RCEN cuts: not just about jobs

Our Canada World Youth intern, Justin Chisholm, analyzes the recent cuts to the Canadian Environmental Network.  

Minister of Environment Hon. Peter Kent and the federal government have severed a thirty-four year relationship with the Canadian Environmental Network (RCEN), an institution structured around strong democracy, advocating for the interests of all Canadians and 640 environmental groups. Environment Canada gave no indication that they would cut funding and refuse to renew RCEN’s $547,000 budget for 2011-2012 until the network received a letter last Thursday.

The announced termination of all federal funding comes as the government stated that it wants to “review its spending to make sure it’s getting value for money.” The Minister is making a losing trade-off, saving $547 000 annually in exchange for an institution that helped give us the Canadian Environmental Protection Act.

The RCEN is being replaced by an online consultation service run through the simplicity that is the federal government’s website. The service will aim to represent the environmental concerns of all Canadians and 640 environmental groups through online discussion and comments. Responding to the plan, Maggie Paquet, Member of the Board for RCEN, posed legitimate concerns: Who is going to collate all of the comments? Who will sift through the submissions to determine which are viable? Hopefully Environment Canada, using its newly found savings, plans to hire Mark Zuckerberg to reinforce the servers because in the times that we’re facing, with the Harper dubbed “no brainer” that’s more of an environmental dagger XL Keystone Pipeline and various other environmental movements, a web based consultation system just won’t do when dealing with the web traffic of millions of Canadians who are moving toward a greener future.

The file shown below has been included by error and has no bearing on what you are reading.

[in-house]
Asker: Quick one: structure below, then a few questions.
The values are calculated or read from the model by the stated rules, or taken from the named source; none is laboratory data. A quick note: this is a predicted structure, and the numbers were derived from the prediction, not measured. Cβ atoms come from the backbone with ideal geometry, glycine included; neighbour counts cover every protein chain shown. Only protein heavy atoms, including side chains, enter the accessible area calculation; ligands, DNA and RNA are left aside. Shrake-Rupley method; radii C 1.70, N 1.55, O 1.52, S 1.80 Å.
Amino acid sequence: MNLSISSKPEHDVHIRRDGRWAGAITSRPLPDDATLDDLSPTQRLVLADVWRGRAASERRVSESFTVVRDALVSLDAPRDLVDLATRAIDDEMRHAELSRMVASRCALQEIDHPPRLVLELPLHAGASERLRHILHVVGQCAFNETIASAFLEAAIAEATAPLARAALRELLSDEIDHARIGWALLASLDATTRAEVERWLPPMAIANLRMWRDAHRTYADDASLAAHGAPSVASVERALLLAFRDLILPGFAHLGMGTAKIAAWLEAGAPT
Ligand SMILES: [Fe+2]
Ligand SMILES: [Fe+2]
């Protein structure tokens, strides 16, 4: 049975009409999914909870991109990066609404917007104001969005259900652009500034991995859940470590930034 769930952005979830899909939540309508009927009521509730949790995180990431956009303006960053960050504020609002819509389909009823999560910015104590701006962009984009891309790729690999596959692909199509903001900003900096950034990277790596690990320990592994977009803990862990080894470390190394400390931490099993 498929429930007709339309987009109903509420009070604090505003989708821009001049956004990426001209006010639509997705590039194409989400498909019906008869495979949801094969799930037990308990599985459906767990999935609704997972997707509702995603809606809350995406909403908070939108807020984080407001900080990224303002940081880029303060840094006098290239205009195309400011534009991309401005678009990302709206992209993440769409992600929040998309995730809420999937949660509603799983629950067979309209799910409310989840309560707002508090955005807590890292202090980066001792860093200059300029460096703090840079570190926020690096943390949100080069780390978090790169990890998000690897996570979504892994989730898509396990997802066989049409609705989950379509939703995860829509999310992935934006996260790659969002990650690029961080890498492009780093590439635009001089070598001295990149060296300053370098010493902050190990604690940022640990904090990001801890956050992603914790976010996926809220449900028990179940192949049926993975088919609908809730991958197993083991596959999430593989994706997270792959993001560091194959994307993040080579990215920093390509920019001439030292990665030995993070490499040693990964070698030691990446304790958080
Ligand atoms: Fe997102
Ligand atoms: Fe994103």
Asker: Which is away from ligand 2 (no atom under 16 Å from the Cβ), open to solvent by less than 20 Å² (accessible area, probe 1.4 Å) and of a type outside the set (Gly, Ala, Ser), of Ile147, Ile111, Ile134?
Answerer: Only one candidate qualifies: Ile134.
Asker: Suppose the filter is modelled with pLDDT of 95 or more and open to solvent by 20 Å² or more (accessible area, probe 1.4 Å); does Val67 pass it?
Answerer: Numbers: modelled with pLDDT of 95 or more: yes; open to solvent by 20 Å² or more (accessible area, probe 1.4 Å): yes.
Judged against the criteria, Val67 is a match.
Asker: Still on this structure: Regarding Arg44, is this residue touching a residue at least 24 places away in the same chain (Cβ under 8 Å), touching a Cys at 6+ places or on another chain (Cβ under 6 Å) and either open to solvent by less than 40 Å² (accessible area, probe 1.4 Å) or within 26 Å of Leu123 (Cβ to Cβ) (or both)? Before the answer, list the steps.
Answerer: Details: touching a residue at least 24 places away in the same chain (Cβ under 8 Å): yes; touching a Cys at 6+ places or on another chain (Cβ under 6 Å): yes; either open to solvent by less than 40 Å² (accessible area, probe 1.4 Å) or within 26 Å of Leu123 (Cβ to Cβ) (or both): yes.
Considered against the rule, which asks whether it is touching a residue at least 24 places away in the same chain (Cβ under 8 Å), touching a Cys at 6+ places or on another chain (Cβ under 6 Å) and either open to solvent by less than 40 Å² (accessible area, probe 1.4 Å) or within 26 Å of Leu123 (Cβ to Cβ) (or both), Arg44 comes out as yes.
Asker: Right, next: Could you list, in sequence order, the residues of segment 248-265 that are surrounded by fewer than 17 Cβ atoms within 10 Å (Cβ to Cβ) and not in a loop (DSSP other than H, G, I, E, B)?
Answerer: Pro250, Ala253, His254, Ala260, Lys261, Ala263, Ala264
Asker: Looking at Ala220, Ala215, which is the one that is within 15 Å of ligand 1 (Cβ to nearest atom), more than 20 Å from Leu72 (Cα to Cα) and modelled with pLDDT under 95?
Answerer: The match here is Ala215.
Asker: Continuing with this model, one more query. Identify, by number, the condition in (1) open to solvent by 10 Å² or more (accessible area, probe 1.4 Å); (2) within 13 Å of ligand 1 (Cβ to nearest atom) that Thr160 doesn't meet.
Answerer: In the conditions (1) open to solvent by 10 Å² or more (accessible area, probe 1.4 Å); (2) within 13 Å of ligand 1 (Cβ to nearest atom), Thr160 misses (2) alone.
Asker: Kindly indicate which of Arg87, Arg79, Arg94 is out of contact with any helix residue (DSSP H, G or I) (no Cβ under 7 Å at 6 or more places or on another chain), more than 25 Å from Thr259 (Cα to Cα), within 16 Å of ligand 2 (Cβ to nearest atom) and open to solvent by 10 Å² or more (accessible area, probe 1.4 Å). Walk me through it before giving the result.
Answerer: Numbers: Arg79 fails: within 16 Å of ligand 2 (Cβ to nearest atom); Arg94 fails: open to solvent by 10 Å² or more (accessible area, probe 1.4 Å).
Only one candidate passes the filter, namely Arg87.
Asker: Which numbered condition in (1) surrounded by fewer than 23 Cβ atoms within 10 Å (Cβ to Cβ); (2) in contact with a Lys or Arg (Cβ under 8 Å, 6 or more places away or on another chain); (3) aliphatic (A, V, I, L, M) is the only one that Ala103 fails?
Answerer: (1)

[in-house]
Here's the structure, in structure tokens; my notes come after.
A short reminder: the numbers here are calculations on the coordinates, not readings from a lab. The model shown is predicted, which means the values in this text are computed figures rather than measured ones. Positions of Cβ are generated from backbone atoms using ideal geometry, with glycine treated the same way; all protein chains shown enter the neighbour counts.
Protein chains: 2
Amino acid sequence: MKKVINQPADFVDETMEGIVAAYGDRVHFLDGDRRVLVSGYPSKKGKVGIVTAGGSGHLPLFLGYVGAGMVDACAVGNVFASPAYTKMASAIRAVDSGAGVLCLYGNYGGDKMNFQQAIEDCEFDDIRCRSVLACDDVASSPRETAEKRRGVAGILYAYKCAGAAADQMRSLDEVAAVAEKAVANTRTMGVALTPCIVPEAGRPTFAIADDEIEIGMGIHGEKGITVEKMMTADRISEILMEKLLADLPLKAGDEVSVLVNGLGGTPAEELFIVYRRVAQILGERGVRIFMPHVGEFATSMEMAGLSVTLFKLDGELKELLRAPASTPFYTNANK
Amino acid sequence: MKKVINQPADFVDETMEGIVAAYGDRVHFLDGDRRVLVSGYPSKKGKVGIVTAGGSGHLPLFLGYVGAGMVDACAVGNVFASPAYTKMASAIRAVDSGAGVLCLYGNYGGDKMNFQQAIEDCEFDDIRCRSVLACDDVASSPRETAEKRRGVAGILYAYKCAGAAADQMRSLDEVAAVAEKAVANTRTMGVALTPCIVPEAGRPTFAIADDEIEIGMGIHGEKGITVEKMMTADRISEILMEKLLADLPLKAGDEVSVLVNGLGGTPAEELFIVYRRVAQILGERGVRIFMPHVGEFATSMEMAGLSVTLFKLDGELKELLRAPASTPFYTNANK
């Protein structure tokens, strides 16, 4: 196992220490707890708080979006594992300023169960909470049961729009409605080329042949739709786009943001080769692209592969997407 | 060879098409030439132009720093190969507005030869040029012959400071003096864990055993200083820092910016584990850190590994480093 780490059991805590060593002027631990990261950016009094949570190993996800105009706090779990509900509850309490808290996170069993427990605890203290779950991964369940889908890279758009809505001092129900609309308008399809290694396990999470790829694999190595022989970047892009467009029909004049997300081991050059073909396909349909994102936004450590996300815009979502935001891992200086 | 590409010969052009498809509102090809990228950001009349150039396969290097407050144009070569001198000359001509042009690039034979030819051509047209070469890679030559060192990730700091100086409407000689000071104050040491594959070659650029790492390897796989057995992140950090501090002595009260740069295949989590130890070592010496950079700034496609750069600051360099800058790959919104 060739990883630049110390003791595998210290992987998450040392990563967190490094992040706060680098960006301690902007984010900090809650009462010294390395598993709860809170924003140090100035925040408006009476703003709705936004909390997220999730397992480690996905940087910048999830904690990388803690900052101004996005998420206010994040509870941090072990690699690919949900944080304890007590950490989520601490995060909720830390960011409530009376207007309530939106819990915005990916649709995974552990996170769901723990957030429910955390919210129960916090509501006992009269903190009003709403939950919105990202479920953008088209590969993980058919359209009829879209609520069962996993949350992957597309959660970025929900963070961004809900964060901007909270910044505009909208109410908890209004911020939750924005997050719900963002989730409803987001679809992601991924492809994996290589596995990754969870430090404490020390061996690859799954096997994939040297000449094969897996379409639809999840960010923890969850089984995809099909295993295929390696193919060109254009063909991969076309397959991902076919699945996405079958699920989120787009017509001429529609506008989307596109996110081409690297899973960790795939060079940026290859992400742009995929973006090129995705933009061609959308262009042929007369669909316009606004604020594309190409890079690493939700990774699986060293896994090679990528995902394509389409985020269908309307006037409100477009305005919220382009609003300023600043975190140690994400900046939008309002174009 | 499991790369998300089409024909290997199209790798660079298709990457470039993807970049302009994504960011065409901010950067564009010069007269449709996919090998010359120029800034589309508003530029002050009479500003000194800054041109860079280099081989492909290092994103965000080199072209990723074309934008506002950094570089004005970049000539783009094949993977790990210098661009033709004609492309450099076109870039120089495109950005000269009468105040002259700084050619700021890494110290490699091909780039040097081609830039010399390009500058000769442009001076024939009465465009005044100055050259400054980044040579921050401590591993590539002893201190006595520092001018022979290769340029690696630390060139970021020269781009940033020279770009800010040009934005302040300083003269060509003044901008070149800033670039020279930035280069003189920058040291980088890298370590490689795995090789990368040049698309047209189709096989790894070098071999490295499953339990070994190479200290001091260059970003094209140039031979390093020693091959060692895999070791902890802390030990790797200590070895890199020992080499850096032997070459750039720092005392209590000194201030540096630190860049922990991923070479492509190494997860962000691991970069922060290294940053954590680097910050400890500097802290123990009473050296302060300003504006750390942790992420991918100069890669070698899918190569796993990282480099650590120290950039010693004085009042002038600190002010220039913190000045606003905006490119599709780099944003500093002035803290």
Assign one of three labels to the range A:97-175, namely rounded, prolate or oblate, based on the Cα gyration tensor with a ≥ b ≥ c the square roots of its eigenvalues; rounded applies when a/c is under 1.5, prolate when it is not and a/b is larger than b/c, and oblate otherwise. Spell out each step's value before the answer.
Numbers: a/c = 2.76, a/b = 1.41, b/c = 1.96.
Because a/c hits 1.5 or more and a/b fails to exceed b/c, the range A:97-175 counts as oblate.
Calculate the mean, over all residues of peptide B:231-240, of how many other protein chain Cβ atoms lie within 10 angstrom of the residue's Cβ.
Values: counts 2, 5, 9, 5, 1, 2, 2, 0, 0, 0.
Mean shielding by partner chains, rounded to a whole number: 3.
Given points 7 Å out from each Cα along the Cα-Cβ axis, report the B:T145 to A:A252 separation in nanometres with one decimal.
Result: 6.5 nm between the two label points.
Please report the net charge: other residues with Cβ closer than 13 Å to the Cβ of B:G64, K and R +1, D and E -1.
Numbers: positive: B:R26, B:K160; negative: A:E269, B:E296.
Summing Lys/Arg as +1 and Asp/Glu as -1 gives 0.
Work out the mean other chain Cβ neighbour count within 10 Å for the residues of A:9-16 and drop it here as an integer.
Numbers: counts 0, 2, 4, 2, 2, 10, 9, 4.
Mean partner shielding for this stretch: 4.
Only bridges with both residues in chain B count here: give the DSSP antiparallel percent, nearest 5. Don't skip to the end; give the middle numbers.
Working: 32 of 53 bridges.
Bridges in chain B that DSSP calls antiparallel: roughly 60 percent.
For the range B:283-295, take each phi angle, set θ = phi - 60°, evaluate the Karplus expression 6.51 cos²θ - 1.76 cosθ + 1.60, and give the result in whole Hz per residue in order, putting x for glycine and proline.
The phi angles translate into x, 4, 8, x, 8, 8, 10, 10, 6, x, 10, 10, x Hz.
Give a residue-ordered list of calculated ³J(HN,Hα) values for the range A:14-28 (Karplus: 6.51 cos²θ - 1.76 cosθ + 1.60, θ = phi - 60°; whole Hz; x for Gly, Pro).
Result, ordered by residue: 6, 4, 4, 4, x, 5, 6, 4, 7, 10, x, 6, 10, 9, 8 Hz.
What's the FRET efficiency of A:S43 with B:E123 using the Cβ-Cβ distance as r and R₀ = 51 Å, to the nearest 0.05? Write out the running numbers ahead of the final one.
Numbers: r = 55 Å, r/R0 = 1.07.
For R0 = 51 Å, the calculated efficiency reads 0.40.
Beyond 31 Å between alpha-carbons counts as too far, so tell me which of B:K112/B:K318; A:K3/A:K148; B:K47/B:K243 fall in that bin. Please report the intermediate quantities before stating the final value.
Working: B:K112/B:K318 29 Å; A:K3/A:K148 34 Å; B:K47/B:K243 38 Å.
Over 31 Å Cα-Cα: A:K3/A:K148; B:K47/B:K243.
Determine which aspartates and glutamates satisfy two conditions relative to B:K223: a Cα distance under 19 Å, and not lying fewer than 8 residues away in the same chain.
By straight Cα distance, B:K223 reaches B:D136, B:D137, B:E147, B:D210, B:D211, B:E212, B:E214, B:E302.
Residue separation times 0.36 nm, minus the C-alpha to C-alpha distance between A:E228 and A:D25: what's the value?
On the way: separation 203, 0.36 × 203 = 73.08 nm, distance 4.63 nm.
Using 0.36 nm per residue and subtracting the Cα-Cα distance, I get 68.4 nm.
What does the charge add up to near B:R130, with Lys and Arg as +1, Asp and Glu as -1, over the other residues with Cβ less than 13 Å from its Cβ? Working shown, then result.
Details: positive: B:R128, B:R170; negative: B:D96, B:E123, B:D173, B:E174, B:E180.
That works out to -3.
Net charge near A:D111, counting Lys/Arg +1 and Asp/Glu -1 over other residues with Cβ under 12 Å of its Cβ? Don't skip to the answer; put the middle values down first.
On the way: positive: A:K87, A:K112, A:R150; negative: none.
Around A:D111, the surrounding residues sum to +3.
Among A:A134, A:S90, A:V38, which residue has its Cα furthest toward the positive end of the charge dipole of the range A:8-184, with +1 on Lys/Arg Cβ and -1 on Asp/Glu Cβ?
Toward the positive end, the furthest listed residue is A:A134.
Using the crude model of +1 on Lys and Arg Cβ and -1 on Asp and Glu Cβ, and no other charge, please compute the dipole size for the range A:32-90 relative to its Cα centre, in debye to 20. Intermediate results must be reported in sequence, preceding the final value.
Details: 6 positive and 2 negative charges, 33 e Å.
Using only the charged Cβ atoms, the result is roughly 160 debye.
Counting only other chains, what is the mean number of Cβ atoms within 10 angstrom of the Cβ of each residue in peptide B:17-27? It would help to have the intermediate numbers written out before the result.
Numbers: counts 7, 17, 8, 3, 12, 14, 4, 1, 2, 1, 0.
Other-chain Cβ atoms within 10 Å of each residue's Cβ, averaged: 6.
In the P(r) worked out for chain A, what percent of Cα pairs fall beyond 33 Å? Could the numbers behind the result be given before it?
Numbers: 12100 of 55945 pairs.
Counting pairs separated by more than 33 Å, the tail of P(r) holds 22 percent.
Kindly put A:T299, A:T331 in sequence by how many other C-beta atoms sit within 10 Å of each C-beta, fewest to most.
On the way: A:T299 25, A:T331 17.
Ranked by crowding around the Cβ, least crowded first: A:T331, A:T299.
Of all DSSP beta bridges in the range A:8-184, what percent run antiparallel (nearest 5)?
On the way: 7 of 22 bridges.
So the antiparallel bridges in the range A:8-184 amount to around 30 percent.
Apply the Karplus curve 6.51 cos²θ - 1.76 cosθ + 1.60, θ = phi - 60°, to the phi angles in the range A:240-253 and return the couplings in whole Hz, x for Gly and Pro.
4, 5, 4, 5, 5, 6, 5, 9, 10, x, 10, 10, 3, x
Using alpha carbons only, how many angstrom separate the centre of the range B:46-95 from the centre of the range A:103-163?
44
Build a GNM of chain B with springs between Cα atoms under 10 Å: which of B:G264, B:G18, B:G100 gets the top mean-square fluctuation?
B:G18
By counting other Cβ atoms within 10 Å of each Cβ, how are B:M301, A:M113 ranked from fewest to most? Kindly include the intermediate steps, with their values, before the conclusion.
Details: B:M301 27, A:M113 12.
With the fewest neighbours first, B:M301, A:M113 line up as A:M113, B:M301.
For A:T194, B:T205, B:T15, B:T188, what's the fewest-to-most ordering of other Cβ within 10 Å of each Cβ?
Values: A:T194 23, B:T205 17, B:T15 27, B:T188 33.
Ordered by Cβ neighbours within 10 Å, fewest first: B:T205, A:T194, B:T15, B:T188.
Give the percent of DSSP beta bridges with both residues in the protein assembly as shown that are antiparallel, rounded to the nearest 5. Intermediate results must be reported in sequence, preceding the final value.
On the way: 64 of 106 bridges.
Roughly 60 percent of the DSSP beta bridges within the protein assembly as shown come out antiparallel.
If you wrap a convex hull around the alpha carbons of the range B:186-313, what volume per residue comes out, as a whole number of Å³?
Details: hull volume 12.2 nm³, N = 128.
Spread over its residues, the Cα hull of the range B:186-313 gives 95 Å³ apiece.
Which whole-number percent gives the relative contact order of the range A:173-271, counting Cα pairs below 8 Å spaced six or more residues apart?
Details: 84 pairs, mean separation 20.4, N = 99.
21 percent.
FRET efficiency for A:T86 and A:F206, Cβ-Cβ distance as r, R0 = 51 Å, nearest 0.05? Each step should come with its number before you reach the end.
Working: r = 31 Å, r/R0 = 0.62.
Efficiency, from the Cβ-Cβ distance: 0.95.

Funding cuts have crippled the national RCEN and have created serious challenges for its many regional networks. With the national network closing its doors it’s not just jobs that have been sacrificed. The scope of democratic approach to environmental policymaking and the ability to hold the government accountable has been refined to nothing more than a kaleidoscope of colourful pictures of the tar sands. Hopeful that Environment Canada understands the gravity of this decision, we are standing firm that the Government of Canada has made a mistake.

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